The joke, then, is that rabbinical students are associating themselves (or are being associated) with a subversive element in the Jewish community from its formative moments of creation as a nation.
But this is a negative, and even destructive form of subversion, one that sows sin and dissention. There is another way to understand the erev rav and their participation in the Exodus from Egypt. According to the "under the line" commentary on this verse in Etz Hayim, which is in turn built on a midrashic tradition in Exodus Rabbah (18:10 as far as I can tell, though Etz Hayim says 18:8), Egyptian society was divided into three different attitudes about how to respond to Moses and the demand to end the slavery of the Israelites:
- "One third wanted to keep the Israelites as slaves. They died in the plagues."
That is, there were those who wanted to continue to hold the Israelites in bondage, who apparently saw nothing wrong with the structure of their society. I would also note that just above in this same passage is a midrashic tradition that intriguingly adds that not all those in the first group were those who most stood to benefit from the enslavement and oppression of another people. The text notes that the account in Ex. 12:29 (see also 11:5) states that those struck by the final plague ranged from "the firstborn of Pharaoh who sat on his throne to the firstborn of the captive who was in the dungeon…" Granted that Pharaoh is guilty as the first and foremost defender of the oppression nature of the society he ruled, but why the captive, a seeming victim rather than perpetrator of that oppression? But the midrash says even such a person might refuse his/her own liberation if it would help the Israelites be free (translation taken from Sefaria.com):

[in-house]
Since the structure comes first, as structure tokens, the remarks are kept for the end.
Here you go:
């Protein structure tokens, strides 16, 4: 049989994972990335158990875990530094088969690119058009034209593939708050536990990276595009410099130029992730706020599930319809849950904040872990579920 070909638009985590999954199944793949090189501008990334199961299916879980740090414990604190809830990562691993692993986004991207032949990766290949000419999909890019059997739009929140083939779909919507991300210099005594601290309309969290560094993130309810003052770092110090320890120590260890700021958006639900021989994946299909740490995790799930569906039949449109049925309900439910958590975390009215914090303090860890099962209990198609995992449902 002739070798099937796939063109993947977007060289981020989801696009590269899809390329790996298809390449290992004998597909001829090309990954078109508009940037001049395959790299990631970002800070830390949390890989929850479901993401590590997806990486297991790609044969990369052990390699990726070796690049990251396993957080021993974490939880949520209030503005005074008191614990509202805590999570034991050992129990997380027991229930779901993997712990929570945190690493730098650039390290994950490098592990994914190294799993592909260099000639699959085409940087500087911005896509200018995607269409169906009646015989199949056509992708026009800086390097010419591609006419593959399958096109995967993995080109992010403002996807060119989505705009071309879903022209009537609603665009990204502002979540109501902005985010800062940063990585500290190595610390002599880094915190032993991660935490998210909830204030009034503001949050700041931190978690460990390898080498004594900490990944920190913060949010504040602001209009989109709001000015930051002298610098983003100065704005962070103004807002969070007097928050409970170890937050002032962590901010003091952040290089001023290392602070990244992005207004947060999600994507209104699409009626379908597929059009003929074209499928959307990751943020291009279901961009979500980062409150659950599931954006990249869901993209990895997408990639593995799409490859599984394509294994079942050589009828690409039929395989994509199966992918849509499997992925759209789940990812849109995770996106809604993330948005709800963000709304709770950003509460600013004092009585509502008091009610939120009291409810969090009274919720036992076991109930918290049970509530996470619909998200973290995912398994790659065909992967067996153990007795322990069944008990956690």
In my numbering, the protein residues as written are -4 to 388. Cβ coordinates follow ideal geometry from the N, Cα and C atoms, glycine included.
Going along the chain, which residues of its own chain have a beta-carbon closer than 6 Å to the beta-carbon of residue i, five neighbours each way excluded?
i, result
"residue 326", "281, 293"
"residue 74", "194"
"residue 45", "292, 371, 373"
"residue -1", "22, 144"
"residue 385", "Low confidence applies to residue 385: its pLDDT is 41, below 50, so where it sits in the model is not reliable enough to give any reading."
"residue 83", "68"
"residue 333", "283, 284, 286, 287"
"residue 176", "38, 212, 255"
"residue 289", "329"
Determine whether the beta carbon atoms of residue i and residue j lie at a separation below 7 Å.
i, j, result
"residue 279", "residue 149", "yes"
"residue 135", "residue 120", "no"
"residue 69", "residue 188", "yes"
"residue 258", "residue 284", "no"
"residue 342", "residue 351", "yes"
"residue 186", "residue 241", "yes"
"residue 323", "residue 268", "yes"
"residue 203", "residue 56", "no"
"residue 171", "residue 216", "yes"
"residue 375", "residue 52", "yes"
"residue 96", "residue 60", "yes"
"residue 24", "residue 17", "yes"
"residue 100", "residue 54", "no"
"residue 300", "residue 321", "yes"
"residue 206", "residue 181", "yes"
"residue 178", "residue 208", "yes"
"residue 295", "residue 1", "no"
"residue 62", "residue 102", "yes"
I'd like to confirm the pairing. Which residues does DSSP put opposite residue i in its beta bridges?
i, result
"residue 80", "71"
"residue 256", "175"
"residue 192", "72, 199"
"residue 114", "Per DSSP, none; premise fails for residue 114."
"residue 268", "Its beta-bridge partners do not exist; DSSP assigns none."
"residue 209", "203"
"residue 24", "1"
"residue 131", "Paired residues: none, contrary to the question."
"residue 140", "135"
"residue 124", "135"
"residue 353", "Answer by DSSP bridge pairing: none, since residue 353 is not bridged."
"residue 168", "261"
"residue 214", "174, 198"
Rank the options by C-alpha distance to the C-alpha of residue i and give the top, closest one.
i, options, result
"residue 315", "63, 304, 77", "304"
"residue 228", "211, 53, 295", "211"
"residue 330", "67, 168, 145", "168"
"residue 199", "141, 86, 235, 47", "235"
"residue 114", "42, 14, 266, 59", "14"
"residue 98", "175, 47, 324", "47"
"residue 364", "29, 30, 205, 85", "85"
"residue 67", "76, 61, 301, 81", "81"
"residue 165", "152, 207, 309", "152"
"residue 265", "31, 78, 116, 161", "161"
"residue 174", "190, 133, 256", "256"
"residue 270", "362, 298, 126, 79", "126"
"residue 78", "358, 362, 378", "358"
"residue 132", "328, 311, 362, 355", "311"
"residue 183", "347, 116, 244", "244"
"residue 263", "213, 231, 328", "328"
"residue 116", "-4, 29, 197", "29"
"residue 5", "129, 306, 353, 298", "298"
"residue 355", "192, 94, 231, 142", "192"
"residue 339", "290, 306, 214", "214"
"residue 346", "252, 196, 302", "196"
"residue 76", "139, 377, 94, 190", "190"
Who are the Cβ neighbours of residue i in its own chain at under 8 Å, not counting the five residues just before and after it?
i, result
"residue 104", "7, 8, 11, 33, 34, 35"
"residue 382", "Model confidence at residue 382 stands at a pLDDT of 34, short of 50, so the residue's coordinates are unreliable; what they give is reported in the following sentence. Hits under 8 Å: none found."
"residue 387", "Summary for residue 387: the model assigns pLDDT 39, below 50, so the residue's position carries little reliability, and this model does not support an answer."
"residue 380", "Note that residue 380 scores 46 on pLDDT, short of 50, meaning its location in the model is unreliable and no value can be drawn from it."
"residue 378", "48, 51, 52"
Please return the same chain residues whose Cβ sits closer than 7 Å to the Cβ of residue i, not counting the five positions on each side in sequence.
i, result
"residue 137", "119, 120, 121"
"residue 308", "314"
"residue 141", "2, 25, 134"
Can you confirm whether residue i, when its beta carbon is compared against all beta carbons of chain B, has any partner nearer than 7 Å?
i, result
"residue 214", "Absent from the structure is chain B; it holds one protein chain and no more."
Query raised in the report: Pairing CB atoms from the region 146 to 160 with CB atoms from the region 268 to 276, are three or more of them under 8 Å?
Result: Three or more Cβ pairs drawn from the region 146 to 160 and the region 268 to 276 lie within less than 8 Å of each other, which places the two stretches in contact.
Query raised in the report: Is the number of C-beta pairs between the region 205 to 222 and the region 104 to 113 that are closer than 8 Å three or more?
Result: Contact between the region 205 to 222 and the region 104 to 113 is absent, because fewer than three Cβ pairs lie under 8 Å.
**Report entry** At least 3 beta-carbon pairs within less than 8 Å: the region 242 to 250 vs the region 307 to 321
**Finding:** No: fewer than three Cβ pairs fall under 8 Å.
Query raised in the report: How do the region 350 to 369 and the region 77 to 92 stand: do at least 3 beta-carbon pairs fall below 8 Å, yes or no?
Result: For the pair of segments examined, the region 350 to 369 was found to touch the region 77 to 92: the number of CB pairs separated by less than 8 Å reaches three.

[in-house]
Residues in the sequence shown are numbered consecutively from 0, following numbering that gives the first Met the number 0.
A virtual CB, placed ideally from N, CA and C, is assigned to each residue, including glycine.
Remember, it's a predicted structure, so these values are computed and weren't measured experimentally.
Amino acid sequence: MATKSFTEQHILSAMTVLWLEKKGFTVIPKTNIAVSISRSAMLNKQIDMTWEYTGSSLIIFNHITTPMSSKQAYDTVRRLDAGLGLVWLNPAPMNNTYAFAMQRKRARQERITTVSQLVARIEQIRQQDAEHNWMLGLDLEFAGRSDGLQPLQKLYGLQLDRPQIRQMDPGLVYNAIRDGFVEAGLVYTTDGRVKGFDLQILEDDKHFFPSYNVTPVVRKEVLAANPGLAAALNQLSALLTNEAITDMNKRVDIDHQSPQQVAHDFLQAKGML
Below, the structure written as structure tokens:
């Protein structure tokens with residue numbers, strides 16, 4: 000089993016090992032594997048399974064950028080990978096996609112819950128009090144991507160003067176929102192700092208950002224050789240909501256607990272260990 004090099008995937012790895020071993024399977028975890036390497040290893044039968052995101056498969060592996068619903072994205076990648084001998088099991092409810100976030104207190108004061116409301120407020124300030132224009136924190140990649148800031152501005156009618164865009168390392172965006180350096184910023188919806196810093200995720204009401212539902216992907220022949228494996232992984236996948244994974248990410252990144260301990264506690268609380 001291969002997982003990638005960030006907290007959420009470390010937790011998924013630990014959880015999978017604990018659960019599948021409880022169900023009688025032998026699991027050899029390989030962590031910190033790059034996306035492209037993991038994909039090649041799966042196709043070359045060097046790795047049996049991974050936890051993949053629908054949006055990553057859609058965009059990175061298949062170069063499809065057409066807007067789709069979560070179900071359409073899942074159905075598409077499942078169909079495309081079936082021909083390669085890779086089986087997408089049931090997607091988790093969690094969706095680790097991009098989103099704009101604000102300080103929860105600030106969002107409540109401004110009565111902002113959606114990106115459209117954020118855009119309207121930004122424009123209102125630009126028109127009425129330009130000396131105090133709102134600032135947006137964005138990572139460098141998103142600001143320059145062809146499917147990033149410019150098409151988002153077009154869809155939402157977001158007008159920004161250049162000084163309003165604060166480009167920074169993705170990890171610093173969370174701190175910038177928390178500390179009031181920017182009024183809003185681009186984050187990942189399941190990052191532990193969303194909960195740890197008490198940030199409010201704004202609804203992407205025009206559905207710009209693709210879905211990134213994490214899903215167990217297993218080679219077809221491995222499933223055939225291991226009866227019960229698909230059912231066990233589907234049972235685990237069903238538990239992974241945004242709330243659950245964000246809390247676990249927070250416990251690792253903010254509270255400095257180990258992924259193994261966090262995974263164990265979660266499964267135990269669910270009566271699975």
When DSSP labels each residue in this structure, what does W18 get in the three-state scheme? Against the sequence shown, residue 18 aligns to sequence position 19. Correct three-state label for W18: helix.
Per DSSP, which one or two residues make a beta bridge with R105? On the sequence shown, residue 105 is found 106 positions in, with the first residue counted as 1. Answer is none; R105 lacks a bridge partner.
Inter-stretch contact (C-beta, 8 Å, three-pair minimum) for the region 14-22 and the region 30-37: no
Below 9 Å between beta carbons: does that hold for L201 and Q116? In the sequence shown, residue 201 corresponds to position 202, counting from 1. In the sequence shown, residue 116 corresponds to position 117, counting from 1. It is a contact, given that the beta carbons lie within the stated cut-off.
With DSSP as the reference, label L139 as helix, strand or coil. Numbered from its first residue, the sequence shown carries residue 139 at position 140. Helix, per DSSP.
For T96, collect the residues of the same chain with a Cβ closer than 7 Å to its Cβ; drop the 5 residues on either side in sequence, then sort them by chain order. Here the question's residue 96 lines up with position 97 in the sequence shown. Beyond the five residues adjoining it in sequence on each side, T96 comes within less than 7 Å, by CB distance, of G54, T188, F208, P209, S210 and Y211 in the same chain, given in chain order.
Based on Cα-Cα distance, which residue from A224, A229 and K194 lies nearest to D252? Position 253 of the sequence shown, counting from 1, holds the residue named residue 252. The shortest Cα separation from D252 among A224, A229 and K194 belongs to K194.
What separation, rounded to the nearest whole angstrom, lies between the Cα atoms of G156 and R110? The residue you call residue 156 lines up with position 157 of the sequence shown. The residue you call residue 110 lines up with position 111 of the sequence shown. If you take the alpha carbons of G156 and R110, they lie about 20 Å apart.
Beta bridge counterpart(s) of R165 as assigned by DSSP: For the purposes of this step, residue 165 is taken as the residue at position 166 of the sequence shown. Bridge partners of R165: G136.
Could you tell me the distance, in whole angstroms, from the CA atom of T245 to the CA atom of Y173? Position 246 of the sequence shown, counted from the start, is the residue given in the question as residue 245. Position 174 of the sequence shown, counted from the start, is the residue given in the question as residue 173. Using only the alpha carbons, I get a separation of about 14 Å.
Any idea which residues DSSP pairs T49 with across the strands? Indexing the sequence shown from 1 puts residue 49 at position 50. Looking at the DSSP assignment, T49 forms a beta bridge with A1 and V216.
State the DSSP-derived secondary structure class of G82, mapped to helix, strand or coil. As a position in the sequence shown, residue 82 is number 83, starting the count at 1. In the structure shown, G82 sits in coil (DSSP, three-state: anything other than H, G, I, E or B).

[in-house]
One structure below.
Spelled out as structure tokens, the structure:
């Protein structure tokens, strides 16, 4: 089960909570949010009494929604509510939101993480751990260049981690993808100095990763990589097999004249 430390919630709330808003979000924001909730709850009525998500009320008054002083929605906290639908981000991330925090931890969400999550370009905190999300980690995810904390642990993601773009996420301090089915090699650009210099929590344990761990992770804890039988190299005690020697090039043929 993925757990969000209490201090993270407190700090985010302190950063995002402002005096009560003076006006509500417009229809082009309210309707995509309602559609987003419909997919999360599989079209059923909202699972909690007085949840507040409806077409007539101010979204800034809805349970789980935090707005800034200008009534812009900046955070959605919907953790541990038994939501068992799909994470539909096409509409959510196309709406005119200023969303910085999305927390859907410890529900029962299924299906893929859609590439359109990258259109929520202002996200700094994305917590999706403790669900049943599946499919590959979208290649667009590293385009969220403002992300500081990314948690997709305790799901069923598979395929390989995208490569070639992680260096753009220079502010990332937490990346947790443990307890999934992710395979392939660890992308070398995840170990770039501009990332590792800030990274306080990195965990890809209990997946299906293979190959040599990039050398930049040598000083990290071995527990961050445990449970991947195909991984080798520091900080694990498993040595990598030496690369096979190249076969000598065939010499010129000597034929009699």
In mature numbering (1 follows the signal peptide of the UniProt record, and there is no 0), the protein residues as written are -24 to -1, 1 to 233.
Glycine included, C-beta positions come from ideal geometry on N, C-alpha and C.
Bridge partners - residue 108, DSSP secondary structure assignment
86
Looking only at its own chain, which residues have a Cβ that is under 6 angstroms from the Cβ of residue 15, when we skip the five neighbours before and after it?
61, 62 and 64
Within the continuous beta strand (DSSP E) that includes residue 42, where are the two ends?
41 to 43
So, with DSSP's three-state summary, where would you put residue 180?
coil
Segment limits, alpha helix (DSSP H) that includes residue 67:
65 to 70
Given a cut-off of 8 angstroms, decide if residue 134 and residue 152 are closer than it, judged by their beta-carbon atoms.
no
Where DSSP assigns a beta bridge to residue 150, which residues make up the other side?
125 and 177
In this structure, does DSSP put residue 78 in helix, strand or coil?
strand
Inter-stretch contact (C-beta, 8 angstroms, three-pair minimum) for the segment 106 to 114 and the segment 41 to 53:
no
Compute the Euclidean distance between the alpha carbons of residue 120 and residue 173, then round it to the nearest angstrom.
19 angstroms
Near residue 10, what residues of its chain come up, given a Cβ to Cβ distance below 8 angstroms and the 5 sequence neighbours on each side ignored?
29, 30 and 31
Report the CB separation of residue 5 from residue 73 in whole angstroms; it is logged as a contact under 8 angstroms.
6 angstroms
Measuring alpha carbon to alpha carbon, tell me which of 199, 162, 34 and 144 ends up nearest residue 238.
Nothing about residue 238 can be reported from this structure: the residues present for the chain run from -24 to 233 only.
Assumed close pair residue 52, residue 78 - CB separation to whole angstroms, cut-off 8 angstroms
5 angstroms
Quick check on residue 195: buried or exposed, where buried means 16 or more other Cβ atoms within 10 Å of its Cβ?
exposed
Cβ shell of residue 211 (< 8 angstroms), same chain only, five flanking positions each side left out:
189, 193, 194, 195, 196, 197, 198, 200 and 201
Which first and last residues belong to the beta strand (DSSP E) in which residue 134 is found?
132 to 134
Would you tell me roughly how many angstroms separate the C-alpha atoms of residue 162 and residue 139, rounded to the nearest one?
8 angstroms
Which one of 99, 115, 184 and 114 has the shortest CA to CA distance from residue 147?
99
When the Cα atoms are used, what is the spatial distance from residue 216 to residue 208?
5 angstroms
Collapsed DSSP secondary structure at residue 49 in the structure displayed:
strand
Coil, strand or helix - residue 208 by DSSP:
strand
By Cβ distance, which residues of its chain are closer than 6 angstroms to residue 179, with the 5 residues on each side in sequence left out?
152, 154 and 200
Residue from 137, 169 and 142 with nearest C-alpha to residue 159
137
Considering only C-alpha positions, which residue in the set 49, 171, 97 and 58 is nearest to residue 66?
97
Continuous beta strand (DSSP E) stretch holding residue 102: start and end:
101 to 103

He killed the firstborn of the captives; since they said to the captive that was imprisoned in the jail, "Do you want to go out and the Jews will [also] be delivered?" And he would say, "We will not ever leave from here in order that Israel not go out." That is why He judged them with [the Egyptians] – "from the firstborn of Pharaoh... to the firstborn of the captive."
- "A second group supported Israel's bid for liberation and rose in revolt against Pharaoh's stubborn policies. These were the Egyptians who gave Israel gold, silver, and jewels as they prepared to leave…"
Some wanted the Israelites free – but one gets the sense that this was because holding the Israelites as slaves had become too onerous on themselves. The midrash quotes verses 30 and 33 in regards to this group:
"because there was a loud cry in Egypt; for there was no house where there was not someone dead… The Egyptians urged the people on, impatient to have them leave the country, for they said, ‘We shall all be dead.'"
This group rises with violent intent against Pharaoh on account of the plagues that have afflicted their community. What is more, it appears that what they want most is for the problem - and what they see as the cause of the problem (that is, the Israelites) – to simply go away.